Celtics forward Jayson Tatum is in the midst of another strong season and was nearly named a starter in next month’s All-Star Game, finishing fourth in a loaded Eastern Conference frontcourt group behind superstars Giannis Antetokounmpo, Kevin Durant, and Joel Embiid.
It would seem, then, that Tatum is a lock to be selected as one of seven All-Star reserves for the second consecutive year. But two of the NBA’s more prominent voices do not feel that way. During Thursday night’s “Inside the NBA” broadcast on TNT, Hall of Famers Shaquille O’Neal and Charles Barkley both left Tatum off their lists of reserves.
Both chose Celtics wing Jaylen Brown, Knicks forward Julius Randle, Pacers forward Domantas Sabonis, Nets guard James Harden, Bulls guard Zach LaVine and Sixers guard Ben Simmons. And Barkley finished his group with Heat forward Jimmy Butler while O’Neal went with Hawks guard Trae Young.
“I didn’t see that,” Tatum said Friday night. “I mean, I’m sure some people last year didn’t have me on there ... But, I mean, everybody has their own respective opinion. I mean, I didn’t see it. So everybody has their opinion on who they think should make it. There’s a lot of guys that deserve to make it. And we’ll see.”
TNT analyst Kenny Smith and studio host Ernie Johnson both selected Tatum, and it should be noted that none of their crew has a vote. The reserves will be chosen by Eastern Conference coaches. But Barkley and O’Neal are two of the NBA’s more prominent and candid voices. So, do they have a point?
The case for Tatum:
▪ In the past, Celtics coach Brad Stevens has said his All-Star voting choices are influenced by the “fear factor.” In other words, what players on opposing teams keep him up at night as he tries to design ways to stop them? While Brown has been excellent this season, it is obvious that Tatum remains the one that defenses keep 10 eyes on at all times. He faces constant traps and double-teams and has done well to make the right play out of them, averaging a career-best 4.8 assists.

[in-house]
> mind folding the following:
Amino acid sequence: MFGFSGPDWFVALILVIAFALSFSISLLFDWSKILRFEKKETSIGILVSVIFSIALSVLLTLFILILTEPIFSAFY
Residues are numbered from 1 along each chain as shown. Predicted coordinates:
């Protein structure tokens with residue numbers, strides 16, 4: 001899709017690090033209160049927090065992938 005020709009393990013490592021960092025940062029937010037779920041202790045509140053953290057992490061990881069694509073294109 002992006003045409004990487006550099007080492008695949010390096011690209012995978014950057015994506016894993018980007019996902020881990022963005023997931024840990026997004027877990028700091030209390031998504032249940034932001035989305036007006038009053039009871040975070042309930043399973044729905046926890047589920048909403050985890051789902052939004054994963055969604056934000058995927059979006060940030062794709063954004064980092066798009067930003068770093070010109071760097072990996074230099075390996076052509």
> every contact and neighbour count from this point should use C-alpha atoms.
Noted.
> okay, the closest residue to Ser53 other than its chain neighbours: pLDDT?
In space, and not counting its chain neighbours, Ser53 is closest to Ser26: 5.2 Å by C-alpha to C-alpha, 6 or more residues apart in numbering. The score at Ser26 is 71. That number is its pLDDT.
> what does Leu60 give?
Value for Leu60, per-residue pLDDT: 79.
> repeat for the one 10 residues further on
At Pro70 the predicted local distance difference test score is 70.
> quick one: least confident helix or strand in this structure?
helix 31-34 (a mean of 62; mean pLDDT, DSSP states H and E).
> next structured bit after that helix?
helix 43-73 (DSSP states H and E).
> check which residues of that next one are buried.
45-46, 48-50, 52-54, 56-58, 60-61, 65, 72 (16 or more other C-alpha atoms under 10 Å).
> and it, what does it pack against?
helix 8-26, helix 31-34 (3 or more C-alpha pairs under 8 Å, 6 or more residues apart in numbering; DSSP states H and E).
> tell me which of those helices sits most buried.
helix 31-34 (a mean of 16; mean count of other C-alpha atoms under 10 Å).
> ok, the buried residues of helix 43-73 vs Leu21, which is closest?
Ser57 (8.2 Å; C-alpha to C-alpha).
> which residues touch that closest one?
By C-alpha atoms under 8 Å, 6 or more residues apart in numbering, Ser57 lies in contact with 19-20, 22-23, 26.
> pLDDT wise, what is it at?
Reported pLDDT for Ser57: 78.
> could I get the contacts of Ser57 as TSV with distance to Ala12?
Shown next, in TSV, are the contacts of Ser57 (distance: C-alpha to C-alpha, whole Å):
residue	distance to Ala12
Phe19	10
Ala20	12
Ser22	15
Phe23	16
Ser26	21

▪ The ballot returns offer the best tangible evidence that the opinions of Barkley and O’Neal are outliers. Tatum finished fourth among frontcourt players in the fan vote, and fifth in both the player and media votes. There are 12 players selected, so do the math.
▪ Yes, Tatum’s production dipped in the weeks after he returned from his bout with COVID-19, but it’s hard to hold that against him. He’s said that he continues to deal with some respiratory side effects, but the last two games might have provided evidence he has finally bounced back: He averaged 30 points, 7 rebounds and 6 assists and shot 50 percent from the field.
▪ For the year, Tatum is averaging 25.8 points, 7.0 rebounds and 4.8 assists. Those are simple metrics, but they are All-Star numbers. He also remains a sturdy defender. With Tatum on the court, the Celtics have a 108.5 defensive rating, putting him ahead of both Brown and All-NBA defender Marcus Smart in that category. Lastly, Tatum was an All-Star and an All-NBA selection last season, so that gives him some equity.
The case against Tatum:
▪ Coaches tend to value winning, and the Celtics have not won very often this season. Their victory over the Hawks Friday night kept them from slipping below .500 for the first time this year, but they entered Saturday just a game and a half ahead of the eighth-place Hornets.
The Celtics’ record (15-14) isn’t bad, but it’s possible that coaches could decide that the team deserves one All-Star rather than two, and if that’s the case, Brown probably deserves the nod. On the other hand, aside from the 76ers and Nets, no team in the East has won much this season, and the 9-17 Wizards had Bradley Beal voted in as a starter. Also, O’Neal and Barkley combined to include Randle, LaVine, Young, and Butler, who all play for teams with losing records.
“Maybe in the past, it stands out when the top four, five, six teams have two or three players that are really carrying a load,” Stevens said. “Those people are in the highest contention for All-Star spots. This year, it’s a little bit more difficult to discern that just because … being at .500 or a couple games below .500 with all that some of these teams have gone through is pretty damn impressive. And I think that I have to weigh that in when voting and when looking at it.”
▪ Yes, Tatum’s numbers are generally impressive, but it’s partly because he’s just getting more opportunity. His minutes per game (35.3) and usage rate (29.9) are both career highs. The Celtics are outscoring opponents by 4.5 points per 100 possessions with him on the floor, the lowest net rating of his career.
▪ While it’s hard to fault Tatum for his production dip after battling COVID-19, he did miss five of Boston’s 29 games, or 17.2 percent, so a coach could factor in the absences.
The verdict: Tatum has yet to take the next step to super stardom some were expecting this year, but he has been one of the 12 best players in the East. He should be among the All-Star reserves when they are announced Thursday.